I fought a losing battle at Excalibur for two years, going back on the market as soon as I could. I only considered good departments in top universities, but I had learned a valuable lesson at Excalibur: Of the two offers I received, I chose the one where the students, regardless of natural skin tone, had a pasty, indoor look.

The author is an endowed professor in the social sciences.

Posted in tenured life

The colleague

My colleague hates me.

If you ask him, naturally he says he doesn’t hate me, not personally. He just thinks I’m unqualified: The search committee never should have hired me. My research shouldn’t earn me tenure. I’m taking up, in other words, a valuable tenure line that could be used by a competent colleague, and the sooner I realize this, the sooner I will leave and be replaced.

Not that he told me all of that. He did tell me, not long after I started, why my hiring was a mistake. After all, they had hundreds of candidates, but of the three they brought to campus, one was a Pynchon scholar, and the other did her dissertation on the brief run of Story magazine. Those were “important” topics, even if the Pynchon scholar put himself out of the running by hitting on a graduate student during his visit. (“Which everyone blew out of proportion,” he said. “Boys will be boys.”) My job talk, on the other hand, on conspiracy theories in African American literature – c.f. The Intuitionist or The Big Machine – was just niche pop stuff, ephemeral, only of interest to “people of your race,” as he informed me.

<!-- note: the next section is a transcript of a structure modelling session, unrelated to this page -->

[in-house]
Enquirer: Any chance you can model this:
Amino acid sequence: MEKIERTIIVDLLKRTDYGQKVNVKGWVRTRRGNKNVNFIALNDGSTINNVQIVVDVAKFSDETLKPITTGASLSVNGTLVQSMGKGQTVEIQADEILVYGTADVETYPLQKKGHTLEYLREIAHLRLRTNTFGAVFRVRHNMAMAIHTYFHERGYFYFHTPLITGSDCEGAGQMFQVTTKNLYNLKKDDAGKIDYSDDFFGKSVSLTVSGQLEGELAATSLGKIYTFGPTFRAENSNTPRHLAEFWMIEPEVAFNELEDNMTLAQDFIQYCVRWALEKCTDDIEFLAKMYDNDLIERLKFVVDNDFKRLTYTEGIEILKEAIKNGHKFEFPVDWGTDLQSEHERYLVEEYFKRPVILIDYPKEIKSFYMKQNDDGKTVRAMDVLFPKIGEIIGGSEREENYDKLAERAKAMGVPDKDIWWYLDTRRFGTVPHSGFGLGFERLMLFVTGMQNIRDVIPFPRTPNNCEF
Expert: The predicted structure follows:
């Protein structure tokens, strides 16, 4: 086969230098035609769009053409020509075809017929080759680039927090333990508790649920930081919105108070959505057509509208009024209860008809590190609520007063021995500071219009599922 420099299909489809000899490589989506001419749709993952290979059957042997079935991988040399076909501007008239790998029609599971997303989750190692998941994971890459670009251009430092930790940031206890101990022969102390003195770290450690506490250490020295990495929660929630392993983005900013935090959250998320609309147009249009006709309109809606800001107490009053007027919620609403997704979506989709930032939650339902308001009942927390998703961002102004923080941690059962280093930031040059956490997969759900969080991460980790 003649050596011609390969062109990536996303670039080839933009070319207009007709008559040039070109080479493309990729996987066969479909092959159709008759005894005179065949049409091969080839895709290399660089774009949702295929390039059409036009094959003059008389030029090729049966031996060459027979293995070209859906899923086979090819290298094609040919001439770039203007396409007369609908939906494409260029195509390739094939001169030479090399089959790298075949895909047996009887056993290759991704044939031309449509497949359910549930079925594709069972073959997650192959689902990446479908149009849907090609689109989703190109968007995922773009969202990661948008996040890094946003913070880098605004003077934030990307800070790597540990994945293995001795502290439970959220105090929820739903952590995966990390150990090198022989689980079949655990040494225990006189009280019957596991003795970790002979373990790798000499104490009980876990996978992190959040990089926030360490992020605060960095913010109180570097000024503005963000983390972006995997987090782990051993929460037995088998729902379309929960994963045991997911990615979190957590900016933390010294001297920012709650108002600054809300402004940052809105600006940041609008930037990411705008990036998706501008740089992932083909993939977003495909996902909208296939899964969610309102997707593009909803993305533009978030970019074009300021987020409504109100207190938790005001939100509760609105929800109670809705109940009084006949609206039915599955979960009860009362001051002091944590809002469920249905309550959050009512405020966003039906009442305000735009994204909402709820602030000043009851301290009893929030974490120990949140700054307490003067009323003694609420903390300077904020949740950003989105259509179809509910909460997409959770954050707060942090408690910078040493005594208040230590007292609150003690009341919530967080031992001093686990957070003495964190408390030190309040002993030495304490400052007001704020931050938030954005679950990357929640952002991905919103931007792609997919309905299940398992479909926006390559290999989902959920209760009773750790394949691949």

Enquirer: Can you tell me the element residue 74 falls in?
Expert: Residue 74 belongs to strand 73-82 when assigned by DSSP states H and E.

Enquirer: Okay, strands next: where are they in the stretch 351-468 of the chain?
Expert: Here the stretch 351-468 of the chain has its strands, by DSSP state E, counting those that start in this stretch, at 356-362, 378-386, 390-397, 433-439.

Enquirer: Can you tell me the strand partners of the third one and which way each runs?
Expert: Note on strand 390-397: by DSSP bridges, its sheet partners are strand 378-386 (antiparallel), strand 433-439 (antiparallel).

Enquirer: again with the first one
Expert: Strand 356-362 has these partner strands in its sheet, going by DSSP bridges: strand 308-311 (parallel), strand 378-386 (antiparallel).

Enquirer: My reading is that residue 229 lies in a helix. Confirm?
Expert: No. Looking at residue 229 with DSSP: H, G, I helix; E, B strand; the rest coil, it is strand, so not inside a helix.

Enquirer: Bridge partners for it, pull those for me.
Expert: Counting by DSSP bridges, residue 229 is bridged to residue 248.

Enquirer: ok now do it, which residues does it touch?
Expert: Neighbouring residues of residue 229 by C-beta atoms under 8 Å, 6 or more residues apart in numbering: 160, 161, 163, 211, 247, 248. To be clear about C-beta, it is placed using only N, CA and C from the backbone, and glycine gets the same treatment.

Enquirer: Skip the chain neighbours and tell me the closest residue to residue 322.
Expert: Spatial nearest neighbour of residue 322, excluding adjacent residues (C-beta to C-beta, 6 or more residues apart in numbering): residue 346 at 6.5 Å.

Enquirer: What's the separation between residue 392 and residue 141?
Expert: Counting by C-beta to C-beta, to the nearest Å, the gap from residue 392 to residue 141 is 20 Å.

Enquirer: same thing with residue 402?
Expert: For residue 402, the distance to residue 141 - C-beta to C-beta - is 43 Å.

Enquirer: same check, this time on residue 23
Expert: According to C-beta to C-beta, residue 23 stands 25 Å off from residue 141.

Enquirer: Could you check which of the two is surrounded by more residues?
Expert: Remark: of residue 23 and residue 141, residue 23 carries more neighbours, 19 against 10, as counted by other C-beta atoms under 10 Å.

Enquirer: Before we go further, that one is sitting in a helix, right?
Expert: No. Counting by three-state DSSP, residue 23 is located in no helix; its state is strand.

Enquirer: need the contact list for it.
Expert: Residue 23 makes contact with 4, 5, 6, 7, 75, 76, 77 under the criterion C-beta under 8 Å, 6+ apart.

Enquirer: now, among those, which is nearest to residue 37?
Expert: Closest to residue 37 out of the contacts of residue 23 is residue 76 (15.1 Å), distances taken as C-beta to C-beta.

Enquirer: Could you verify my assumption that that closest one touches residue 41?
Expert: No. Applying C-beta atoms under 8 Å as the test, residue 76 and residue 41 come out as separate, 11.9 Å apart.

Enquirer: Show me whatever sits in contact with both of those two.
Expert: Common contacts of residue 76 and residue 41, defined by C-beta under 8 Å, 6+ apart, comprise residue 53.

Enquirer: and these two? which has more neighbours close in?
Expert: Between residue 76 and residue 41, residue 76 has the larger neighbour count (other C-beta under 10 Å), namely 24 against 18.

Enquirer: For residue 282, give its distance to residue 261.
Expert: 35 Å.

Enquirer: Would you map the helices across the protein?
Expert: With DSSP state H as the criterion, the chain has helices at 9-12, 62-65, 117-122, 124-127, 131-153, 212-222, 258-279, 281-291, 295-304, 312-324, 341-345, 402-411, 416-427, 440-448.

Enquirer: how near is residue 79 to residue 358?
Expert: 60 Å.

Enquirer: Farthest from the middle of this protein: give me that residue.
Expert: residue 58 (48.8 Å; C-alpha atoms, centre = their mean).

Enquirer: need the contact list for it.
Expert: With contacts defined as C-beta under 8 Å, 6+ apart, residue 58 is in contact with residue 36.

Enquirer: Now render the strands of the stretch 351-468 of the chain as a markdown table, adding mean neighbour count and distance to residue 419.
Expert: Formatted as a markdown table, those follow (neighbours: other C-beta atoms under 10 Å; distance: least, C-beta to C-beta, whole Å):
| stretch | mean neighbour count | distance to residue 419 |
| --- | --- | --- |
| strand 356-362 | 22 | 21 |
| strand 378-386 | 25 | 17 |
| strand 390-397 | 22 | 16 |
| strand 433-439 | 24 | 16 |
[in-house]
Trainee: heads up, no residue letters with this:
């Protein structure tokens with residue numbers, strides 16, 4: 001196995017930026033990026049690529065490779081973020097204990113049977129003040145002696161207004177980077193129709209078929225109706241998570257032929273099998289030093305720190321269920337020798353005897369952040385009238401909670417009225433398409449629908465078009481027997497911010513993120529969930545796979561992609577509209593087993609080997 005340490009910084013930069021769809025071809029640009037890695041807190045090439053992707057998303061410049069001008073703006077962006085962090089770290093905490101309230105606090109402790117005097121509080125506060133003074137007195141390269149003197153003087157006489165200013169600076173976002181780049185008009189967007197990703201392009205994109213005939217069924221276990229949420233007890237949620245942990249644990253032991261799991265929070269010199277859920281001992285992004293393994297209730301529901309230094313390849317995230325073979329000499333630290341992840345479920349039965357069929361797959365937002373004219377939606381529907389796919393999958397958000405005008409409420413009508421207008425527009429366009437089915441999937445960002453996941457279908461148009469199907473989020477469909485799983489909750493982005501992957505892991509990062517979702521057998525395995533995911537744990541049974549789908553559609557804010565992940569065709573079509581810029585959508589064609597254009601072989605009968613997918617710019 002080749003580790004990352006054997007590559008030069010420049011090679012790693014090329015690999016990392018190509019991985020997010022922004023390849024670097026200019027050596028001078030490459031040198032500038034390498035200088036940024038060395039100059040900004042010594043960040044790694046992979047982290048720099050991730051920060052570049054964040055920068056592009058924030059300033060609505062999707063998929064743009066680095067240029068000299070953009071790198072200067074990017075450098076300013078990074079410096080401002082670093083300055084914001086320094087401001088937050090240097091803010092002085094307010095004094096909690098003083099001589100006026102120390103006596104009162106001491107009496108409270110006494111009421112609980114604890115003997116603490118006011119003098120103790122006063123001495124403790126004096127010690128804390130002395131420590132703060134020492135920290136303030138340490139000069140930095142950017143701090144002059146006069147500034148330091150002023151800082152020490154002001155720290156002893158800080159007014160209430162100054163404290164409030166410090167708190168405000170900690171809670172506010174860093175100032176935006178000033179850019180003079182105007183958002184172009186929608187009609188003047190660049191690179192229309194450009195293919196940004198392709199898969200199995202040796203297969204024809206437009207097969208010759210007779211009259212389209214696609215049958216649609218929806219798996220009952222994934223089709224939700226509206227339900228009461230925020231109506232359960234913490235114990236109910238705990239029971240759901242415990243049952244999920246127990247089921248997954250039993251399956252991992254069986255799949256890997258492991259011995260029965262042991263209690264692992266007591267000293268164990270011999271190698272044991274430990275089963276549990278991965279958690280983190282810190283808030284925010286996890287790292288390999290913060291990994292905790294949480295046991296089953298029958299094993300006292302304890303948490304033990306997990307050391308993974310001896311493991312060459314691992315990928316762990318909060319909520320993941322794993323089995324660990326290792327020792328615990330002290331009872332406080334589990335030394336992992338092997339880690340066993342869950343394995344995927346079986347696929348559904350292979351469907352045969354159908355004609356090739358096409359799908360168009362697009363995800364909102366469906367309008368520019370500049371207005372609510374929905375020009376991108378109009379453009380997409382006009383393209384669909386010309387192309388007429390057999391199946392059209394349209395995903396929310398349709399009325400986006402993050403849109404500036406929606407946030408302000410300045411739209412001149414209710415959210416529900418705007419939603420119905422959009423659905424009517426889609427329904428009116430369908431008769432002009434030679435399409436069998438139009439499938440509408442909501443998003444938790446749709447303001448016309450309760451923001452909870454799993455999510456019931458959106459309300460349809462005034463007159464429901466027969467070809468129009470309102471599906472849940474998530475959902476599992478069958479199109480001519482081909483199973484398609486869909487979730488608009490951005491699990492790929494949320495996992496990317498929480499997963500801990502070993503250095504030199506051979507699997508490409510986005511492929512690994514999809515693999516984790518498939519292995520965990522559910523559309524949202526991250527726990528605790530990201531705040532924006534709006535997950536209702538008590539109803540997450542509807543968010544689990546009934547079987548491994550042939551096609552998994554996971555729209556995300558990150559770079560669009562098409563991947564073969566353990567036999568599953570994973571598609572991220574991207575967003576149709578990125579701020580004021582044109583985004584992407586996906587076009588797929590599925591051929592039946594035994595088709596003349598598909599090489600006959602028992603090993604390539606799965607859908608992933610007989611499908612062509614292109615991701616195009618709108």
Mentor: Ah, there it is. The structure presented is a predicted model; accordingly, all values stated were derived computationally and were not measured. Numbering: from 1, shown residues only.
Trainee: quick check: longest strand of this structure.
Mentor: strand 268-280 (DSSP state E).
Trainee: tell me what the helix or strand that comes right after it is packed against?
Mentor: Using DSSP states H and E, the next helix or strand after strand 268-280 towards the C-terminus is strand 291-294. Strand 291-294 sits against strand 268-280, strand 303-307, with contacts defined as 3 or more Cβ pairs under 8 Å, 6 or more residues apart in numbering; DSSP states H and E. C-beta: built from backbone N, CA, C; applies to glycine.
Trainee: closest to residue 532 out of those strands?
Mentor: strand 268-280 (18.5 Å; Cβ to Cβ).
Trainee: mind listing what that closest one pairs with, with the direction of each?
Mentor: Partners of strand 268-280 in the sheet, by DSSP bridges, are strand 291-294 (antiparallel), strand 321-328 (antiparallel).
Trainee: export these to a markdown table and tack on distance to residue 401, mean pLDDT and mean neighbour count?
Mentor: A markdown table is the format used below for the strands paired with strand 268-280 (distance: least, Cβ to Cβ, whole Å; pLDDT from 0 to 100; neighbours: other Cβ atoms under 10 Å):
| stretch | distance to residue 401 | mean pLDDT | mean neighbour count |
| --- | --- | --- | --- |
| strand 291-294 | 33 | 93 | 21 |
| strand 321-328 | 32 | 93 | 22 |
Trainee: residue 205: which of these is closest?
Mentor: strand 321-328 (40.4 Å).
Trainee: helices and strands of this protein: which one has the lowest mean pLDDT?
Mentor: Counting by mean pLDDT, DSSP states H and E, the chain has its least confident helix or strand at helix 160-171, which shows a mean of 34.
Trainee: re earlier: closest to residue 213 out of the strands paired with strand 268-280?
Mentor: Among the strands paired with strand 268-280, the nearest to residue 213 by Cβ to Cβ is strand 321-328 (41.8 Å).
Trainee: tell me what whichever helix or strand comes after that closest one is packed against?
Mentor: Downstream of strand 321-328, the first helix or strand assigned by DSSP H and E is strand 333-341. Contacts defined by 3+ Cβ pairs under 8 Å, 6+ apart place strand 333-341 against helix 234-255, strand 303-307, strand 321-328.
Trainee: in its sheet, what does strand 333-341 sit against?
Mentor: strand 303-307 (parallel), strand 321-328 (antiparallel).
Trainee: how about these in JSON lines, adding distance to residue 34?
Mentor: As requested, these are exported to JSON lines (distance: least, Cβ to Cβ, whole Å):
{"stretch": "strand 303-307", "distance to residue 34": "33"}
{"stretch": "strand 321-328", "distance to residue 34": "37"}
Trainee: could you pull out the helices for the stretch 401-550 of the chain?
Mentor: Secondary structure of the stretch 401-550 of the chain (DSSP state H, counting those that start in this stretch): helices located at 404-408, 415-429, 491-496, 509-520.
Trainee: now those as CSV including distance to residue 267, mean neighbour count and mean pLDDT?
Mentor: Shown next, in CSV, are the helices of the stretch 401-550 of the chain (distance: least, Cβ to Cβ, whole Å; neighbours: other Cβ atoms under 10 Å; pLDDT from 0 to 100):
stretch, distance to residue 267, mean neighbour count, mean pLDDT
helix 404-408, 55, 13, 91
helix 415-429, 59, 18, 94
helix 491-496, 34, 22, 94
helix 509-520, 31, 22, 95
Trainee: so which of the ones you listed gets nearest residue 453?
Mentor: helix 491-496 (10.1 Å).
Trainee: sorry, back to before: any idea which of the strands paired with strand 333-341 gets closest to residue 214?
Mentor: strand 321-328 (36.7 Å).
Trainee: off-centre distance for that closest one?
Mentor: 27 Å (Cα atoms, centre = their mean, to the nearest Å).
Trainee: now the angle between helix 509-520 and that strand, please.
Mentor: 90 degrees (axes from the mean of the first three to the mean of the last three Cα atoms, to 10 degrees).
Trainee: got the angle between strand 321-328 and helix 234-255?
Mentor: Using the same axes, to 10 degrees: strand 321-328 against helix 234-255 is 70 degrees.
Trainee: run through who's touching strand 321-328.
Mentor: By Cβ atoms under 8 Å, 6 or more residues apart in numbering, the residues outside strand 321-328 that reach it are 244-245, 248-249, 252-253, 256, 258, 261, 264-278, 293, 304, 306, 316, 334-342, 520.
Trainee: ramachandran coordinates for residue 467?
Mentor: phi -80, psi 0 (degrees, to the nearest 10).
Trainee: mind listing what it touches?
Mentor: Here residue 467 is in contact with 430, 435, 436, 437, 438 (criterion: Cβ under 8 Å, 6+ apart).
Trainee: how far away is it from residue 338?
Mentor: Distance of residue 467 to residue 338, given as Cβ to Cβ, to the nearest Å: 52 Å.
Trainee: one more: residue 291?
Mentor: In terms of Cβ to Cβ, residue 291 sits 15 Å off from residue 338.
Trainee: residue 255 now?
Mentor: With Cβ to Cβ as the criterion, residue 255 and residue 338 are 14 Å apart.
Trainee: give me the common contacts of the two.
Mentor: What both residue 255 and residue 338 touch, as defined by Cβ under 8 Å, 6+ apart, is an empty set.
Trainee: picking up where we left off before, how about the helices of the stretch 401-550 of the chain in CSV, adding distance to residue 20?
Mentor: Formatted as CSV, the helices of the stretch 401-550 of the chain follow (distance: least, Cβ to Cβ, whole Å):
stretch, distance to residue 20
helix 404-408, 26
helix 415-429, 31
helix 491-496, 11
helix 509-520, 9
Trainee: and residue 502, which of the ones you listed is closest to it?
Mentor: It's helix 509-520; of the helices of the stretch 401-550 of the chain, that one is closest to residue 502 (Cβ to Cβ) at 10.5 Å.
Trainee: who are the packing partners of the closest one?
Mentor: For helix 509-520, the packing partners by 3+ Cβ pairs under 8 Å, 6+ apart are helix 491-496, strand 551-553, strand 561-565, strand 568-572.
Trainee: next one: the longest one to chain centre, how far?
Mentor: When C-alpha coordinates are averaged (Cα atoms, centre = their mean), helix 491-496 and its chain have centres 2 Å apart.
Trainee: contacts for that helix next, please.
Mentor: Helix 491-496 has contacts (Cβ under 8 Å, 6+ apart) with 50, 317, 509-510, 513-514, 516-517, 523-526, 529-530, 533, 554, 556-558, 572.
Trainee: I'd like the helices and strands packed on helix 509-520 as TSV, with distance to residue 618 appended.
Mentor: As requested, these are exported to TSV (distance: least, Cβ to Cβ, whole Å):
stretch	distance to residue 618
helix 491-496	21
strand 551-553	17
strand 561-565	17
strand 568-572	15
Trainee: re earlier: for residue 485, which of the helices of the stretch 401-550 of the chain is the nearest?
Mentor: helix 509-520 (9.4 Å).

The rest of it I’ve heard second-hand, or overheard. I defy department culture by leaving my door open most of the time, and even though everyone can see me sitting there in my office, they act as if there is a cone of silence around the hallway. I’ve heard more dirt, more rumors, and more inside scuttlebutt from leaving that door open than you would think could possibly exist in a department of this size.

And, yes, I know you’re supposed to fit into your department’s culture, but I’m claustrophobic, and my office is windowless. It’s not a grand gesture.

That means I hear the chair berating the administrative assistant, the students complaining about seminars, the undergraduates’ confusion over MLA style, and the director of graduate studies rating students’ footwear. I even once heard a dimwitted plagiarist boasting, and, since the course in question was not this particular colleague’s, I did pass on the word.